( image source: here )
Firstly, I think it is of utmost importance to recall how men with chesse have played an integral part of various forms of media (for who could recall the infamous cheese man of Buffy: The Vampire Slayer, or the obsession that Alistair of Dragon Age seems to have with the substance?). But let us put aside our conventional knowledge of the typical cheese tropes (for they have no relevance this series, infamous for its use of deconstructive tropes) and examine how the individual known solely as cheese boy, subverts it and shows insight into true feminine power.
I am well aware that this may be shocking to some, but it very closely aligns with the critiques of various feminist and dadaist theorists (particularly dadaist theorists). For this, I think it is important we analyze what precisely his role is within the show. He is a man (traditionally the ultimate source of power in regards to medieval tropes) who brings cheese. But he is not just bringing cheese to anyone. No, he is bringing it to a group of three women, traditionally deprived of their right to weaponized femininity within this setting. Or perhaps, they radiate femininity but can not quite transform it into a true weapon.
Consider his words:
cheese boy: The cheese will be served after the cakes my lady.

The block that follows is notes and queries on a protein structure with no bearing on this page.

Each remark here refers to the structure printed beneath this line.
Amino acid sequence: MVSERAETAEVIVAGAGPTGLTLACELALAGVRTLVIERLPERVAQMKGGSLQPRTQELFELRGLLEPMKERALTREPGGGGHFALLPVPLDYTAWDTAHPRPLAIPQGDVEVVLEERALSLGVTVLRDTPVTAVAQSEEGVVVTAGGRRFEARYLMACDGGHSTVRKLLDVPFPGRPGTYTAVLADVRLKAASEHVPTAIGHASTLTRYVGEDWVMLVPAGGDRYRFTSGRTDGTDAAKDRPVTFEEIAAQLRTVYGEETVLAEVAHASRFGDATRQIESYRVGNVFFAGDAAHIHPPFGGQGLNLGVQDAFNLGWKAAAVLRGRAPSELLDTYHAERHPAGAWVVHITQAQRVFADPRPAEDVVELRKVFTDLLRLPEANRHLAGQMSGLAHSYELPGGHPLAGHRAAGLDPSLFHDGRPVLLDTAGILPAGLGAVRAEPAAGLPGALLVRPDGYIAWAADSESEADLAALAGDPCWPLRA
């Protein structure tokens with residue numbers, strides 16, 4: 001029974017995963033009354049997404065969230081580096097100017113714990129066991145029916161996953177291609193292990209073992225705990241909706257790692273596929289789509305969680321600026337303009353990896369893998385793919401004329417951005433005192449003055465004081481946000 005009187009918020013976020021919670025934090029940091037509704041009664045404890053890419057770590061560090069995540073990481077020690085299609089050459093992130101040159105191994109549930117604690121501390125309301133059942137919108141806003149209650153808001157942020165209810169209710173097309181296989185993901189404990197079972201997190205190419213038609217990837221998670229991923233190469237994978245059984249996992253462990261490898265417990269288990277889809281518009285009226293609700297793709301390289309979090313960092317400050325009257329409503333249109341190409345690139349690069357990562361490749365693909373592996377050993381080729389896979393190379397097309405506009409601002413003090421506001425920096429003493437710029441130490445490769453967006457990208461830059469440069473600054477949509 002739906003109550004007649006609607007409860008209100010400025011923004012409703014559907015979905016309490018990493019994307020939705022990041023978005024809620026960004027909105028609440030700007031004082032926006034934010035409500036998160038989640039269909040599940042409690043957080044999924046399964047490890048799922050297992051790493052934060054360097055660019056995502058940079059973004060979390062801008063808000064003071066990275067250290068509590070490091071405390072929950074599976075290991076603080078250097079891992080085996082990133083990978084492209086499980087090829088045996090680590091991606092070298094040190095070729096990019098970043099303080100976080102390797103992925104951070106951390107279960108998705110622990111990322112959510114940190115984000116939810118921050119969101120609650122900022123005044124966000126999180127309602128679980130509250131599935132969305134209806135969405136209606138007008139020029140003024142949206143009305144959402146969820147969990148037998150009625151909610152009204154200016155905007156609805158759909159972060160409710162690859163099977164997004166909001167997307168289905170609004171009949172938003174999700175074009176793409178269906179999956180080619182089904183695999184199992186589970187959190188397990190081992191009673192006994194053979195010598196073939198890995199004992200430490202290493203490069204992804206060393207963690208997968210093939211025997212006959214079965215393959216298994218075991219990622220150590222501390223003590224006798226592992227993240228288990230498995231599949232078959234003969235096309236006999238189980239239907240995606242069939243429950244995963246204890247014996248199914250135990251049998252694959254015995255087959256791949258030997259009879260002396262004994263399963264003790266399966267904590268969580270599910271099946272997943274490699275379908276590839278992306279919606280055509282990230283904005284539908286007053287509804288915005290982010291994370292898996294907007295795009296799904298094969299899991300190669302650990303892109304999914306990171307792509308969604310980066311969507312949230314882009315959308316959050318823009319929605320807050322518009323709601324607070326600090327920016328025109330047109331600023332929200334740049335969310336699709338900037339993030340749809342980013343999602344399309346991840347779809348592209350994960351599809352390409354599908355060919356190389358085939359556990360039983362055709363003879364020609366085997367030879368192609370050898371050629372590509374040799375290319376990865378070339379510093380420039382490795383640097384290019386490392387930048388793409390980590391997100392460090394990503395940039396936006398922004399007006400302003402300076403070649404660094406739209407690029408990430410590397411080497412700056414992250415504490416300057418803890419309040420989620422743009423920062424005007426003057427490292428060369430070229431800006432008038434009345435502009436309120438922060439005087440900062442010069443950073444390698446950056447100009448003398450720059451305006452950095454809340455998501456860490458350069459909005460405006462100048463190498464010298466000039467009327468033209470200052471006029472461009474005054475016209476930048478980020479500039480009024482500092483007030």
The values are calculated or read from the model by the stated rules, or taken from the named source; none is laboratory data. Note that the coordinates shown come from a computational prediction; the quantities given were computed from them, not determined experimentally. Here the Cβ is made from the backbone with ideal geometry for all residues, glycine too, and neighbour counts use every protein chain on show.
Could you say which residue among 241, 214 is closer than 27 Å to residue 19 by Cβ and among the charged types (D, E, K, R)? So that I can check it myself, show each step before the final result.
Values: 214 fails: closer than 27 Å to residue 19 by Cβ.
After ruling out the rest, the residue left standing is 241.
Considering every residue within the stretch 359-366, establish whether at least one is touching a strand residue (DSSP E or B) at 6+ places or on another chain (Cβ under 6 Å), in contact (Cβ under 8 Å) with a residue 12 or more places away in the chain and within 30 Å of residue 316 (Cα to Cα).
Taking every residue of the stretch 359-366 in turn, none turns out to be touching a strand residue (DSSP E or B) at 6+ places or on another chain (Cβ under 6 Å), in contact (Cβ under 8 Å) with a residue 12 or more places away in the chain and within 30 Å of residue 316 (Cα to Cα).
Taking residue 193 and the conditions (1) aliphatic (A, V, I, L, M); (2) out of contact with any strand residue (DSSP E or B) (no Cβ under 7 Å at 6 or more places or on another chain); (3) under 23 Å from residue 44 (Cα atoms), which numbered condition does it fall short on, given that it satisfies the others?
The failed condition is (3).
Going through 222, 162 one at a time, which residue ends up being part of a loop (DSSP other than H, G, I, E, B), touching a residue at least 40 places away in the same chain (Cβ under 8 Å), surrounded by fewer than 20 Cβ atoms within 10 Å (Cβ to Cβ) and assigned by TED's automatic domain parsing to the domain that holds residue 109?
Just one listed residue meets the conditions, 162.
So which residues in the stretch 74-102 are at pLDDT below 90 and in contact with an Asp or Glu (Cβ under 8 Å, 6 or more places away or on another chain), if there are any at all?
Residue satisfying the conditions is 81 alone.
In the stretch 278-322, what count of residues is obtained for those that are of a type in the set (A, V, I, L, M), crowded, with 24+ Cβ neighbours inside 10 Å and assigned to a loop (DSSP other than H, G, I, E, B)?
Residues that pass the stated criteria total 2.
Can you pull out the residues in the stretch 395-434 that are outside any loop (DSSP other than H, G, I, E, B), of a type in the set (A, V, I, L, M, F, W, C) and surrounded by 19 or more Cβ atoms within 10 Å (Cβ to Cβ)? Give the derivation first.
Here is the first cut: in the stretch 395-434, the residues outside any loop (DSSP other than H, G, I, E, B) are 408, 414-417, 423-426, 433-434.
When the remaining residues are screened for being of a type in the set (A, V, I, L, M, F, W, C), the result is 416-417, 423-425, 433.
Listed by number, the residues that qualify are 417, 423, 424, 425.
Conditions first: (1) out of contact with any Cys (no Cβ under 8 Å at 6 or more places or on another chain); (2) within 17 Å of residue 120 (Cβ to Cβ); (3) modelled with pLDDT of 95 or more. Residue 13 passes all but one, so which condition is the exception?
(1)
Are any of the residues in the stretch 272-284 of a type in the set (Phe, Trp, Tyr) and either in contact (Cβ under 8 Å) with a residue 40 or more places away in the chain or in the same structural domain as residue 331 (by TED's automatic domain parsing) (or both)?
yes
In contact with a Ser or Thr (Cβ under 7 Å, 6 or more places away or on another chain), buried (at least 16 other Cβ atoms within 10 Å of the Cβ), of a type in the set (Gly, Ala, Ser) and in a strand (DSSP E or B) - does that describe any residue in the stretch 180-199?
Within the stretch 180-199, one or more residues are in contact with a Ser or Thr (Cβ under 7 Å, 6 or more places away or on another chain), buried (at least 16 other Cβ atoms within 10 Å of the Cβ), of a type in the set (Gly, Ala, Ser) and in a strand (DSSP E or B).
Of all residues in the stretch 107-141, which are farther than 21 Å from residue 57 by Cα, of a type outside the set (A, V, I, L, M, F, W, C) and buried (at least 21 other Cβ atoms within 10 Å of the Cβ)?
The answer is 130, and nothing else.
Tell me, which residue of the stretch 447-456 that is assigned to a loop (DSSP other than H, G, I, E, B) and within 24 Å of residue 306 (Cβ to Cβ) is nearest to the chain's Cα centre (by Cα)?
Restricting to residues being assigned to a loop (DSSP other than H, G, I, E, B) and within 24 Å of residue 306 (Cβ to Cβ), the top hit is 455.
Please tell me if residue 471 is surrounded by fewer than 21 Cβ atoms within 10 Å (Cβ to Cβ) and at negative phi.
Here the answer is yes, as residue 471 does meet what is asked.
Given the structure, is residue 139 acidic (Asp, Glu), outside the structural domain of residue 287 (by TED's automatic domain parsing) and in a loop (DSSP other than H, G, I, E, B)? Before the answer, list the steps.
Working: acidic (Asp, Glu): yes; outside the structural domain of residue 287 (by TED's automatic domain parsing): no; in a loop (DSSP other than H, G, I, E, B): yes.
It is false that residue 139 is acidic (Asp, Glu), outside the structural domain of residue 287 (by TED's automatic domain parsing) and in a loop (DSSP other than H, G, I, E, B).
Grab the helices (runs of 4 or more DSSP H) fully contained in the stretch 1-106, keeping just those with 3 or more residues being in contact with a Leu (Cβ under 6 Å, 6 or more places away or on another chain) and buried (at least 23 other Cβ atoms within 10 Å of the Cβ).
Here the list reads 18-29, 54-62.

Cake occupies a traditionally masculine space, as it contains flour, distilled from wheat, whose grain closely resembles the masculine “seed” (a term that grrm himself is quite fond of using which I doubt is coincidental). Cheese, of course, occupies a traditionally feminine role, being made from the milk of some manner of female animal, be it a cow or a goat. Here, cheese boy represents the patriarchy, insisting that cake (men) must be served (or valued) before women.
But Olenna Tyrell, the humanized representation of weaponized femininity in Westeros refuses to be treated in such a manner. She insists that the cheese will be served when she wants it served. She discards the masculine ideal of “cake” and recreates it in her own image of “cheese”.
And perhaps most shockingly, cheese boy accepts it with a small look of confusion, clearly symbolizing his new role as a subservient man in a female dominated society.
I would think that it is evident that cheese boy exists to subvert our traditional ideas of what cheese an audience expects from a masculine figure in a pseudo-medieval setting. I applaud whomever created such a nuanced and subversive character.